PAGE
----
Jasmine Boxsell’s career path in agriculture is tied to some of the industry’s oldest institutional heritage. From a Bachelor of Agricultural Science at the University of Queensland in Gatton, straight into a Stanbroke-owned feedlot in Chinchilla, then a graduate position with AAco, and finally on to Consolidated Pastoral Company (CPC) where she is now a Commercial and R&D manager.
All of these roles reflect Jasmine’s drive to broaden her experience and expertise in the sector.
“I made my way into agriculture from the semi-rural upbringing I had north of Brisbane, where I became interested in supply chains and AI and the things I could glean from raising the cattle and horses my family had,” Jasmine says.
“But while I was studying, I knew I had gaps in practical experience, and I set about filling them.”
In 2018, at the end of her first year with CPC, Jasmine was surprised and gratified to receive the ‘People’s Choice’ award at the company’s annual awards.
“It felt very special. It recognises an individual’s efforts and work in the business, voted by your peers, so it was very encouraging.”
In 2020, her organisation again showed its faith in her, supporting her to take part in the 2021 Australian Agribusiness Leadership Program (AALP), delivered by the Australian Rural Leadership Foundation.
“I loved the program,” Jasmine says. “By design, it works at ‘breaking you down’ in some ways, to build you back up again. Learning how my brain ticks and being in a new environment where I needed to step up and lead and reflect on how I operate was fantastic.”
For Jasmine, the AALP coincided with having taken on greater responsibility in her management role at CPC.
“Stepping into more of a work leadership role in the last 12 months has been a steep learning curve. I’m enjoying learning through those challenges, but the program came at a great time.”
Within a supportive, open and honest AALP cohort, Jasmine found invaluable new perspectives.
“I work in agriculture’s northern beef industry. To meet people working in other industries connected to ag was so interesting,” Jasmine says.
“In ag, I think all industries can suffer from silos of information, and it can lead to tunnel-vision. Looking outside our sector is a great start, and it brought home to me that we need to look outside of our industry as well; to learn as widely as we can.”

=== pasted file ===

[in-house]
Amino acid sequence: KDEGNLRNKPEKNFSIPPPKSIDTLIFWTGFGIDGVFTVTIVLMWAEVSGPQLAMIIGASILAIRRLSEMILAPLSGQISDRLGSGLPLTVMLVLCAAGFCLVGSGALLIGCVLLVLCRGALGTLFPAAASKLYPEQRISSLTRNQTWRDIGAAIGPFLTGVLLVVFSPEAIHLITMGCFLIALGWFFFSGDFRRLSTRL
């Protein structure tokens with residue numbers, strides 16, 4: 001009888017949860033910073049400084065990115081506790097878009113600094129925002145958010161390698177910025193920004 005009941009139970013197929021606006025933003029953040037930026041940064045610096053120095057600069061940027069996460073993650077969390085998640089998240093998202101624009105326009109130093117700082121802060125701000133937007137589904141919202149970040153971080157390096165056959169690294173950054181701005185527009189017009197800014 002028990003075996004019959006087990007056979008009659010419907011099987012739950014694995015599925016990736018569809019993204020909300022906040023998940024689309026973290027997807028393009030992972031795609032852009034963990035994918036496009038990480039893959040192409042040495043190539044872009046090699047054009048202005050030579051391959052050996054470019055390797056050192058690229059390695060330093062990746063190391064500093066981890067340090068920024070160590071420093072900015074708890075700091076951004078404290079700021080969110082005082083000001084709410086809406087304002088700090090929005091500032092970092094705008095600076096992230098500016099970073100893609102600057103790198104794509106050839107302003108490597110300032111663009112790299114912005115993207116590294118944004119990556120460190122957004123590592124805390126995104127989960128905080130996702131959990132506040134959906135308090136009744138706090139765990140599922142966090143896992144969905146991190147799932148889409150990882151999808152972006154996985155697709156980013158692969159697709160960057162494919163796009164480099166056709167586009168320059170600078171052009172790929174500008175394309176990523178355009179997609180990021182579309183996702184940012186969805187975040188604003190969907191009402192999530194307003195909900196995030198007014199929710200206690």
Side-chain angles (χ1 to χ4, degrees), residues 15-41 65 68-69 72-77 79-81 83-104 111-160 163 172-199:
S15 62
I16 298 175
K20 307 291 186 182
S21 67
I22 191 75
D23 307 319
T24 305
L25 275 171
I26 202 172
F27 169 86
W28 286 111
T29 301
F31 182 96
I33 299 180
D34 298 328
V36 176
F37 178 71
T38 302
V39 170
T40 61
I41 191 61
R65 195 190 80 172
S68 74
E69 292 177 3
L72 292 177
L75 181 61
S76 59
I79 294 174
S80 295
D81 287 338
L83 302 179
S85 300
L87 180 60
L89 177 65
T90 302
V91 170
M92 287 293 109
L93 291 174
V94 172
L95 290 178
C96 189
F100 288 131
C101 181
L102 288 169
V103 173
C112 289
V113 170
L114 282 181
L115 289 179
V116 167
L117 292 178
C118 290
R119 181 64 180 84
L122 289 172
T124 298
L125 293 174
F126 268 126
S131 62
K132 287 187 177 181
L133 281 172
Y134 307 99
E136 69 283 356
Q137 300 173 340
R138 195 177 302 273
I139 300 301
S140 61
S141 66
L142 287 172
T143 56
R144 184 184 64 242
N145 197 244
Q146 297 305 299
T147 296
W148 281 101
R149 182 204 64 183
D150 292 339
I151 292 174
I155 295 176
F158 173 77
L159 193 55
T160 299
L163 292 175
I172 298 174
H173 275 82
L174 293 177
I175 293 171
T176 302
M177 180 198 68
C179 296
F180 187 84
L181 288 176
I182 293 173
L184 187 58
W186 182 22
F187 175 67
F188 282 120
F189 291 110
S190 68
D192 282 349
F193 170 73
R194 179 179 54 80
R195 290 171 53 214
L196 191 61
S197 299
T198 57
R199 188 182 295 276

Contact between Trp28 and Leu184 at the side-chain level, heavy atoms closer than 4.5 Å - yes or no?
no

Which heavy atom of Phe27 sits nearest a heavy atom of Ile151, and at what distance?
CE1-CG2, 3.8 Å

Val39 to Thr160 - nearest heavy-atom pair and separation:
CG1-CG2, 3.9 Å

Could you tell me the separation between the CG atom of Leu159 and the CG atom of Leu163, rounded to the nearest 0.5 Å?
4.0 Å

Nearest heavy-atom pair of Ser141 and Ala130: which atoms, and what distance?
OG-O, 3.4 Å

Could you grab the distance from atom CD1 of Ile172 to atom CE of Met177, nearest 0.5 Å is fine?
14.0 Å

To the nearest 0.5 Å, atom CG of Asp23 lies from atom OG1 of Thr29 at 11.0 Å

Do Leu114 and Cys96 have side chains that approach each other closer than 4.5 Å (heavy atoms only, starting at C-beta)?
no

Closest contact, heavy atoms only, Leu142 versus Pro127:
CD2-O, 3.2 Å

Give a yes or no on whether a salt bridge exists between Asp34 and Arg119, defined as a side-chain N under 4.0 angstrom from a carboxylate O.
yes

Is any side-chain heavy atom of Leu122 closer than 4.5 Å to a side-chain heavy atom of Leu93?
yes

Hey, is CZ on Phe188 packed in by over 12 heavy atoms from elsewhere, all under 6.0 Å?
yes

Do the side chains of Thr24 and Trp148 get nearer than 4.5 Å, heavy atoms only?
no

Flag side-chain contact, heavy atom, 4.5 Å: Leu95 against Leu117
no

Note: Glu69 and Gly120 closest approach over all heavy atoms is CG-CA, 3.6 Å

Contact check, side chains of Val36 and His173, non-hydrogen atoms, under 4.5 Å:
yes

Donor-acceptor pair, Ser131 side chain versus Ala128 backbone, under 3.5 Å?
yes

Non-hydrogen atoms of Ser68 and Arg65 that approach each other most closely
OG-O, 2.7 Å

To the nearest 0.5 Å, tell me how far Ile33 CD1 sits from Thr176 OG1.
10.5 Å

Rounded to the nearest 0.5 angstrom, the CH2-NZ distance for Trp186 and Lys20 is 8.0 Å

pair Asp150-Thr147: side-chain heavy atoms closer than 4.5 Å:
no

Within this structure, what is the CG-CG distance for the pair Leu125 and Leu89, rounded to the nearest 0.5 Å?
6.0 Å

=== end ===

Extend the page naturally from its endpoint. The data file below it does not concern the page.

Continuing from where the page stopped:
While Jasmine was always certain that she wants to make a long-term contribution to agriculture, the AALP has given her fresh eyes on her own role.
“I’ve always felt there’s a lot to ag, and I’m just one person. The AALP helped me see my tendencies of being thorough, and particular and steady as strengths, but also taught me how to flex into other behaviours,” she says.
“It’s really helped me know what my values are, and where I can make a difference.”
Jasmine’s passion for successful carbon reduction projects in her industry is where she remains focused in her work with CPC.
“There are a lot of opportunities that we need to be exploring … I love the premise of projects that line up with the goals of the business, and one of these is the beef cattle herd methodology project,” Jasmine explains.
“It’s designed around awarding emissions reductions to producers who have taken steps like increasing turnoff weight and decreasing the age of herd and sale cattle, which increases herd productivity as well.”
Seeing such systems work for businesses and producers is a vision that inspires Jasmine, and is a big part of her job satisfaction.
“I’m keen to keep exploring other opportunities for northern pastoral systems that address challenges with land quality and land tenure. These are all future challenges we can work through, and it’s our responsibility to tackle them.”